After bringing the gamification potential into perspective, Somnath continued to enlighten the audience on various aspects of game mechanics, loop, narrative, motivators and applications.

Let’s understand each, one by one.

How Do Games Work?

Remember the time we used to spend hours playing the Mario game, trying to cross different levels, finding secret tunnels and hidden mushrooms, all to rescue Princess Peach?

Brings back good old childhood memories, doesn’t it? I’m sure it does and if we look closer, we’ll see that the game, like every other, has 3 layers.

  1. Core mechanic

  2. Game loop

  3. Meta Narrative

Now, every game has the first layer, the core mechanic. It makes players do a very specific single thing over and over again.

That mechanic is moulded into a game loop which goes like

  • Making players do a task

  • Rewarding them for doing it

  • Letting them sync what they have gained based on the progress made

  • Then keep repeating it

But the core mechanic lets players engage for a very specific amount of time. It helps get the first level of engagement or interaction (D1 - D3 engagement).

So how to ensure that a player is hooked and sustained in the game? By extending engagement beyond this point using the second layer, the game loop.

It makes sure that a player does a task repeatedly (D7 - D14 retention).

The third layer is where the actual design of games comes in which is a meta layer or meta-narrative. This is when you give a player a larger goal to achieve.

In Mario’s case, it’s the princess he has to rescue.

In the case of the Mario game, the core mechanic is running, completing various levels is the game loop and the meta-narrative is rescuing the princess.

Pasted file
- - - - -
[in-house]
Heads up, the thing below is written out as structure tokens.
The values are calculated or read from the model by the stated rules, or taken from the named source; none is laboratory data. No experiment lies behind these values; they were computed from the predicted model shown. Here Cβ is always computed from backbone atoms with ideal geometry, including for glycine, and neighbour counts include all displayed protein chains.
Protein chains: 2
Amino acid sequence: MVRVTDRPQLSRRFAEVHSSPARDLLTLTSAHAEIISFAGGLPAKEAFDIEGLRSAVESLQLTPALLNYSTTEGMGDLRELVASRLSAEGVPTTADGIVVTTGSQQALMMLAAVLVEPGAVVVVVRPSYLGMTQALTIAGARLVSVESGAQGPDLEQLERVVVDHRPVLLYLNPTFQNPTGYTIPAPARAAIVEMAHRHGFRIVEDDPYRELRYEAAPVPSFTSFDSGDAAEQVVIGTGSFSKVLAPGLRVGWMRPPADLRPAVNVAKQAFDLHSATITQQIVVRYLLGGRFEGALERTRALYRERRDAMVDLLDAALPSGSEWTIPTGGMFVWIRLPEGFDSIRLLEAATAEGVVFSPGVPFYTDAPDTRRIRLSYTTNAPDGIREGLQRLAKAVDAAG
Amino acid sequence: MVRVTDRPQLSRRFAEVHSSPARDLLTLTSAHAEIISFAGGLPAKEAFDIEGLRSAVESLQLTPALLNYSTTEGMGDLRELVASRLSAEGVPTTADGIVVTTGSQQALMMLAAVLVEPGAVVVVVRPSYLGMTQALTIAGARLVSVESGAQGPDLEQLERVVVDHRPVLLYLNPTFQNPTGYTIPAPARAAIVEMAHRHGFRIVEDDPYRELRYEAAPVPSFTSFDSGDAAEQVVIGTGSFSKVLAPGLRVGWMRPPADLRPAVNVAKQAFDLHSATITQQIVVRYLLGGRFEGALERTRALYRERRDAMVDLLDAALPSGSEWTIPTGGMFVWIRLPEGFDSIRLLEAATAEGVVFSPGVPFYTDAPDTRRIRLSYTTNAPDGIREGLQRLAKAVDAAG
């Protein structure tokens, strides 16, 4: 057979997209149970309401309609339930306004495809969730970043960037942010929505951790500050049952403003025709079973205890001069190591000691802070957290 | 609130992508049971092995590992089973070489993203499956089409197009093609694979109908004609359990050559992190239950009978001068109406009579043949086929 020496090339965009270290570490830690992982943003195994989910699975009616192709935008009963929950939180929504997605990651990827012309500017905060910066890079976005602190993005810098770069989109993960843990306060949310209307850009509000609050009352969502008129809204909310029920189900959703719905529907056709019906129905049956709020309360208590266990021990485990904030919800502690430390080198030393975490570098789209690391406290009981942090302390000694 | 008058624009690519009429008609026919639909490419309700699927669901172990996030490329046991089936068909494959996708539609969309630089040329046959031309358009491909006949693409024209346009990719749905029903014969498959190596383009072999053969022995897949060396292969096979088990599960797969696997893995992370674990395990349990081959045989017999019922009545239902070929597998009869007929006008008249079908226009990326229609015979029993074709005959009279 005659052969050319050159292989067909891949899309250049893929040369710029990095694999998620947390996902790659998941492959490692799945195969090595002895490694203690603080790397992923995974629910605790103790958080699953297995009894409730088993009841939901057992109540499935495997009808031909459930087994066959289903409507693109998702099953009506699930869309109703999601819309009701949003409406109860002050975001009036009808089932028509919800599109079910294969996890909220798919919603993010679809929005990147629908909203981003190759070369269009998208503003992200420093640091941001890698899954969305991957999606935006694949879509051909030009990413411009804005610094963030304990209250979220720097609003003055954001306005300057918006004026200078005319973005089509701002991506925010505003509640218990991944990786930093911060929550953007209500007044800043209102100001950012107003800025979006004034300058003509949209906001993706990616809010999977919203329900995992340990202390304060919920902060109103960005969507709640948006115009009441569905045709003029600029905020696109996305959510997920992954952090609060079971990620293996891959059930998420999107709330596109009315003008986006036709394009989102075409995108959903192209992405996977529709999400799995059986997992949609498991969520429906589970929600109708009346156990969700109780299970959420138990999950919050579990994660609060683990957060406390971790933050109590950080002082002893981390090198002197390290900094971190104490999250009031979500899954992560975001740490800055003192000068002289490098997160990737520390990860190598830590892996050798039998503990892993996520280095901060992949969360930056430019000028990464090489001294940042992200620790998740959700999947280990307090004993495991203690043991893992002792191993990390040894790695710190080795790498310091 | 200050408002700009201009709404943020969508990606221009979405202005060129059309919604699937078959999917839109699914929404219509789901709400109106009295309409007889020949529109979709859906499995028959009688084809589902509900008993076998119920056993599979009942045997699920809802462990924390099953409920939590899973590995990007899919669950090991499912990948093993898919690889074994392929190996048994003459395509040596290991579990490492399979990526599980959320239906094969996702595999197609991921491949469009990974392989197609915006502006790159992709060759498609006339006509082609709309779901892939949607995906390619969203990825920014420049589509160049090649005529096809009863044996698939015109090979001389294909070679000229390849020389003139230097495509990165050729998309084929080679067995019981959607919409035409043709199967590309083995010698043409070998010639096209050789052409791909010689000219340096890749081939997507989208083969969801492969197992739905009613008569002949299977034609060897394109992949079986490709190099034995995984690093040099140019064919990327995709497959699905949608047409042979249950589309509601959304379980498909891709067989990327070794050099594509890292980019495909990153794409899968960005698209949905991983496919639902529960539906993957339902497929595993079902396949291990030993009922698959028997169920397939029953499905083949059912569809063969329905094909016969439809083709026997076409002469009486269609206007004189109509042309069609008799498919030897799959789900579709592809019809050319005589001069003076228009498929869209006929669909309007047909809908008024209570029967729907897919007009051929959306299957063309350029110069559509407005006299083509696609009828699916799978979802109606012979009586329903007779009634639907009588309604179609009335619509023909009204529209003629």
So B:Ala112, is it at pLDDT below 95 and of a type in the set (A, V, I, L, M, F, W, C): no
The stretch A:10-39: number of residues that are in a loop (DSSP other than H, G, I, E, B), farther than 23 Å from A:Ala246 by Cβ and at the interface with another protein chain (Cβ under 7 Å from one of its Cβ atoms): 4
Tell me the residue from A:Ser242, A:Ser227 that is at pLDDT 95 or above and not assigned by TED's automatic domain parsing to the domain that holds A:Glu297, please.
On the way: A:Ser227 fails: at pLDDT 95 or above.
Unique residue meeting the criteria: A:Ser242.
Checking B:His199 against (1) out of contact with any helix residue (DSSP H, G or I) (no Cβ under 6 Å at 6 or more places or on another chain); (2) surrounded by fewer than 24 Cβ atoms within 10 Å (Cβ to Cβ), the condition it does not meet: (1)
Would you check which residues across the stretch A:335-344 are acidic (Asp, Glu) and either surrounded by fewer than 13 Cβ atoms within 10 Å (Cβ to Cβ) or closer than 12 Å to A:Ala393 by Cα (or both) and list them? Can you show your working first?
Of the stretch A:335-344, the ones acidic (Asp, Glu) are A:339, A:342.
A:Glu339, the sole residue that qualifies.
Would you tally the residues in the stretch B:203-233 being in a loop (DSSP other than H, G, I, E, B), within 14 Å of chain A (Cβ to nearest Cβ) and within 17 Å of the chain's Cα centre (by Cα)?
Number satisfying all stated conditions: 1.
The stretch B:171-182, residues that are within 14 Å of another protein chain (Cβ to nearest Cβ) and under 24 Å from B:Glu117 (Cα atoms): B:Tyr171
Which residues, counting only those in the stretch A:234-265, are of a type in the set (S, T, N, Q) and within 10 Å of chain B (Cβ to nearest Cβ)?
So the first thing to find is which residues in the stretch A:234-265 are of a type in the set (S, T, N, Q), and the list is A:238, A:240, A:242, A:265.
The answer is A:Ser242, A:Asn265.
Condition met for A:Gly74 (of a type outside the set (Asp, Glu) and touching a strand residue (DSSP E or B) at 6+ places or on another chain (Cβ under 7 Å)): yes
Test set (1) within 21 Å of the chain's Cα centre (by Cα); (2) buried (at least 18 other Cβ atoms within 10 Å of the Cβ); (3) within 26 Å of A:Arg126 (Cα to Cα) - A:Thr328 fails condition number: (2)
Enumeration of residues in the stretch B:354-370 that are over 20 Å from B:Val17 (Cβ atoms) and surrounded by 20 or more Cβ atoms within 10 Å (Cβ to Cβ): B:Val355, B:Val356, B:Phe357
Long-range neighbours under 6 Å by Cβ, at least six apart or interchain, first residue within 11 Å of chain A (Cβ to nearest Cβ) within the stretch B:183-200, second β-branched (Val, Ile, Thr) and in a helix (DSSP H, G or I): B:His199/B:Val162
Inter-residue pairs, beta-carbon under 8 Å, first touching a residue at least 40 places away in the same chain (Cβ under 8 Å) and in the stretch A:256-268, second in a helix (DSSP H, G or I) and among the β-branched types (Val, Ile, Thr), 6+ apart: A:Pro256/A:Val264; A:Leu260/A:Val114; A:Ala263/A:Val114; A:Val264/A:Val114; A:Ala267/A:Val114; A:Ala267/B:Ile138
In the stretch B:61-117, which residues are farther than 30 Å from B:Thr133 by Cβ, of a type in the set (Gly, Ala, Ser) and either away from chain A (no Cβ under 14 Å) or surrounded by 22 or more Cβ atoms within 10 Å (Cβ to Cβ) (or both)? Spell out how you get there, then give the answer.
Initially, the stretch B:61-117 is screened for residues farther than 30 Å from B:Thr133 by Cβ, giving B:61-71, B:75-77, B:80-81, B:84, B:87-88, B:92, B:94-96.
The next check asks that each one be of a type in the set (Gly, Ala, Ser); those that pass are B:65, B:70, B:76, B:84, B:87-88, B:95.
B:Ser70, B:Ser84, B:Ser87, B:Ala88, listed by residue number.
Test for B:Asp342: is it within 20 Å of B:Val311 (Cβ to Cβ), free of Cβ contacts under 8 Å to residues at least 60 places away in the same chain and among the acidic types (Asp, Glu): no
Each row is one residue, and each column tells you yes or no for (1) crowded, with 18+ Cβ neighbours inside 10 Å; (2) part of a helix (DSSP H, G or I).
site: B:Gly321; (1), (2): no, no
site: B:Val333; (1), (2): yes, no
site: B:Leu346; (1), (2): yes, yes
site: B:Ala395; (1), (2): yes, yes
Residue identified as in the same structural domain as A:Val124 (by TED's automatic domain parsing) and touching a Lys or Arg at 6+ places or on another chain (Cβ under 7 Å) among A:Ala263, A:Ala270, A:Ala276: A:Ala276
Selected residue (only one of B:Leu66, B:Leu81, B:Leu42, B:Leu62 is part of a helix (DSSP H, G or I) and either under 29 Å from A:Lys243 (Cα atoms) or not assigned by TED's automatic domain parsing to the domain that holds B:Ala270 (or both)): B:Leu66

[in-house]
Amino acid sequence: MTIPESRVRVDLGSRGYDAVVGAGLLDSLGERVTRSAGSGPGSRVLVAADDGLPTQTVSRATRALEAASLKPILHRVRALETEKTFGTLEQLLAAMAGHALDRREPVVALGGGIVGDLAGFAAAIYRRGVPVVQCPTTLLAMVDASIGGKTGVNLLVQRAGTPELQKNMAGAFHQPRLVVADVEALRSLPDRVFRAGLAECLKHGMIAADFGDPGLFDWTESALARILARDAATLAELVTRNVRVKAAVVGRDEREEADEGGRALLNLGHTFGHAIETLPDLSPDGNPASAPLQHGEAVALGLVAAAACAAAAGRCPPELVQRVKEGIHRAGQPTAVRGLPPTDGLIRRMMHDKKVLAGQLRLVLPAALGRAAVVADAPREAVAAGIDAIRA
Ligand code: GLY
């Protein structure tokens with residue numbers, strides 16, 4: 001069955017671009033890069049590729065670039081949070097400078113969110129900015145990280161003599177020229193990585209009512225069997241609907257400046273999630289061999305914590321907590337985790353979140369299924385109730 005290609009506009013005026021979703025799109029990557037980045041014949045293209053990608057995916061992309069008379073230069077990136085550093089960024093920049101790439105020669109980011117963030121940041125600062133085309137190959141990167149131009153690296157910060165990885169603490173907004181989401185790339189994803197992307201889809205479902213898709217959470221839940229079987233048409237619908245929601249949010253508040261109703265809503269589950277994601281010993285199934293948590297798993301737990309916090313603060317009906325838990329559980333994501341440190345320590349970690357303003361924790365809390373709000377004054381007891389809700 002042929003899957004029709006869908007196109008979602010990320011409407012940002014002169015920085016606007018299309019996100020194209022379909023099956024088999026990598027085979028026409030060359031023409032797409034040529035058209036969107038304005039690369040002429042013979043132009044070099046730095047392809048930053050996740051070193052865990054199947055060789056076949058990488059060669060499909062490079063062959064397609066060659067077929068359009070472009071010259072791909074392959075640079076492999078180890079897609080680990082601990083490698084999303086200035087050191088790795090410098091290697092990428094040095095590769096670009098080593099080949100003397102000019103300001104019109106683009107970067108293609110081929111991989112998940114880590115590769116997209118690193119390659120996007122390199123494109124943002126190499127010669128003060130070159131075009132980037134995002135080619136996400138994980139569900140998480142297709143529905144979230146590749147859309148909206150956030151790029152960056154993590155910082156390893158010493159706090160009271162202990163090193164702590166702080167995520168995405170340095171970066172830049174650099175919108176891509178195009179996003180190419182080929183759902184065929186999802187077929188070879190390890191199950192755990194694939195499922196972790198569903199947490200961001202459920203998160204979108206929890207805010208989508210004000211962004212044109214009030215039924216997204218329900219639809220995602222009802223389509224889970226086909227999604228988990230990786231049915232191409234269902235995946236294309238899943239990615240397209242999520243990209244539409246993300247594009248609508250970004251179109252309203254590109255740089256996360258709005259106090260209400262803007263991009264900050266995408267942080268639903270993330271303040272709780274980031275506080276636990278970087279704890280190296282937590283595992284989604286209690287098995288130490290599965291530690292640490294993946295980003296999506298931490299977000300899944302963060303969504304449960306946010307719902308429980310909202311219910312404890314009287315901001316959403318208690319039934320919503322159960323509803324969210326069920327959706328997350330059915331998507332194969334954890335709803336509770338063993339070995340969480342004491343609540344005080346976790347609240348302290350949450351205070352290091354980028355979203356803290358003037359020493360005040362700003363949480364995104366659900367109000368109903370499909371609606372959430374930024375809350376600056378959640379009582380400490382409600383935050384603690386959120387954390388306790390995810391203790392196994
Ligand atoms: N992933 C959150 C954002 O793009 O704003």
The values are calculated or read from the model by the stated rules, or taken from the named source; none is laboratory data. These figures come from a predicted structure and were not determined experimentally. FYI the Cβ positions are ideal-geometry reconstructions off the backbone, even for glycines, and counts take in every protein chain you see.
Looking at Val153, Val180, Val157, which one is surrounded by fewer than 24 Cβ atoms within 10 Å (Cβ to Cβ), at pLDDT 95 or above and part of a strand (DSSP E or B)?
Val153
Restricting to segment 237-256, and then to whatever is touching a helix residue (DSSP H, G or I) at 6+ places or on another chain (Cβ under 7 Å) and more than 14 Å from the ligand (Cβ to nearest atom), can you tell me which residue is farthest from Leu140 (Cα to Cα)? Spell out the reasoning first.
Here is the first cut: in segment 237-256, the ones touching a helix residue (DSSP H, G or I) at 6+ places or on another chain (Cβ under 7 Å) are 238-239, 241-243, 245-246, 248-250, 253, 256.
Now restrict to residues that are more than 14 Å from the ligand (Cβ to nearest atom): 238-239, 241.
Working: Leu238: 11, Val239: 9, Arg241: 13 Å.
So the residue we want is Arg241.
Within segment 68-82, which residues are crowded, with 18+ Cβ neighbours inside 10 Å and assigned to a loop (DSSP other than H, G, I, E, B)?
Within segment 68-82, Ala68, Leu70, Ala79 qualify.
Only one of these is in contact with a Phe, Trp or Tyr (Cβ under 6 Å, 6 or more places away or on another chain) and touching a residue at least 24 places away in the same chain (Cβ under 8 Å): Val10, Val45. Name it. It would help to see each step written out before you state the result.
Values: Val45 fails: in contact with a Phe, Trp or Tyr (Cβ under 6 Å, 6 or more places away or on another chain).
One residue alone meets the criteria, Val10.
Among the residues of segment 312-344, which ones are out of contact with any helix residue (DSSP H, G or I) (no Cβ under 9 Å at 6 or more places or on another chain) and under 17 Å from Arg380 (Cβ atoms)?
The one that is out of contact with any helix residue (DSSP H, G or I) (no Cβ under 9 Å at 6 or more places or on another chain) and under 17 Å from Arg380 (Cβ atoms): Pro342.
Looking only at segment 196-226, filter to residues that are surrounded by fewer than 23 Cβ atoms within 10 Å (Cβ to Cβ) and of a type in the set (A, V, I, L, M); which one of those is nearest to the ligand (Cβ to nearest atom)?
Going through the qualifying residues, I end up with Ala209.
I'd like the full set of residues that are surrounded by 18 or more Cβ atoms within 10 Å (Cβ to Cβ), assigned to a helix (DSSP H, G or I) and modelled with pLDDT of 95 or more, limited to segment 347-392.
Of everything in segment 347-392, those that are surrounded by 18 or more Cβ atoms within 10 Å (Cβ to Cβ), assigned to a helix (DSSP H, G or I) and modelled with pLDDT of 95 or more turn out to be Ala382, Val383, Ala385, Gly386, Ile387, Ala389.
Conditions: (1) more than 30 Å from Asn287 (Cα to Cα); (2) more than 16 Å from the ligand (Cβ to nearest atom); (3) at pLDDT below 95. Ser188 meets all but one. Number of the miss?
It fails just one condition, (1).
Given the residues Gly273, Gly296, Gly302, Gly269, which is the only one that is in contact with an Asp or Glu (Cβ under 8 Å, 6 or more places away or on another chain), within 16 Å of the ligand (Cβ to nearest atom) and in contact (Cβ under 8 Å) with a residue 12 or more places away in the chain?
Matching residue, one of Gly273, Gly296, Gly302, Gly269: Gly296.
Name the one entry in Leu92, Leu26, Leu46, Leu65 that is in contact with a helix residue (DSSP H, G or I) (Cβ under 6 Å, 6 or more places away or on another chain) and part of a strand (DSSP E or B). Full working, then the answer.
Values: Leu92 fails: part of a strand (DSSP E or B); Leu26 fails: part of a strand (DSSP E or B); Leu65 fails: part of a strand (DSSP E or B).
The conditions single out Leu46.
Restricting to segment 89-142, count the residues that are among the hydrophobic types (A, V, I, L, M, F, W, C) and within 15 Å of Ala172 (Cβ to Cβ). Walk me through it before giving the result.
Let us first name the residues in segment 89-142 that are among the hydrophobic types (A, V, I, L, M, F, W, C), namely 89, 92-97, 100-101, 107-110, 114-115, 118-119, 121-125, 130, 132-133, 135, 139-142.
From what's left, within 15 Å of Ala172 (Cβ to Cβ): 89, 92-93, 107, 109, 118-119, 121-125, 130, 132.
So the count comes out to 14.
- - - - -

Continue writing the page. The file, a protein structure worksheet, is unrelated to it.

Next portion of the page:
Similarly, in the case of the Angry Birds game, players fling to kill pigs (core mechanic).

It becomes interesting because they unlock new levels and collect rewards (core loop) and the meta-narrative is taking revenge on the pigs for eating bird’s eggs which made birds angry in the first place.


In the case of Candy Crush, players solve a puzzle (core mechanic) and then unlock new levels (core loop) but the meta-narrative is that there’s a saga to complete.

How Do Games Work?

Why do people play games or use a product? It’s because of 4 motivators.

1. Achievement (Gratify): People in a digital platform like to own things such as collections, rewards and upgrades. For example, Fitbit badges.


2. Social (Validate): People like extrinsic validation that comes via connecting with other people and exchanging information which is the base of social connection. There are 2 kinds of social activity.

a. Competitive: Making people compete with each other. You can have scorecards or leaderboards.

b. Co-operation: PubG uses this where you form teams.

3. Narrative (Excite): This motivator has an element of surprise like choices. Storytelling games like Episode leverage this.


4. Mastery (Evolve): For every task a player does, their level of mastery increases. Skill-based platforms or games are based on this like Chess.

Next, Somnath mapped these motivators to non-gaming environments.

How Non-gaming Environment Can Benefit From Motivators?

Keeping brands like Myntra and Google Pay at the centre, Somnath then drew a circle connecting these motivators to their gamification.

1. Reward System In 2020, Myntra introduced Myntra Move which allowed users to sync their fitness activity to their android device. For this, they introduced a reward system by defining a key task and adding point-based rewards for completing tasks.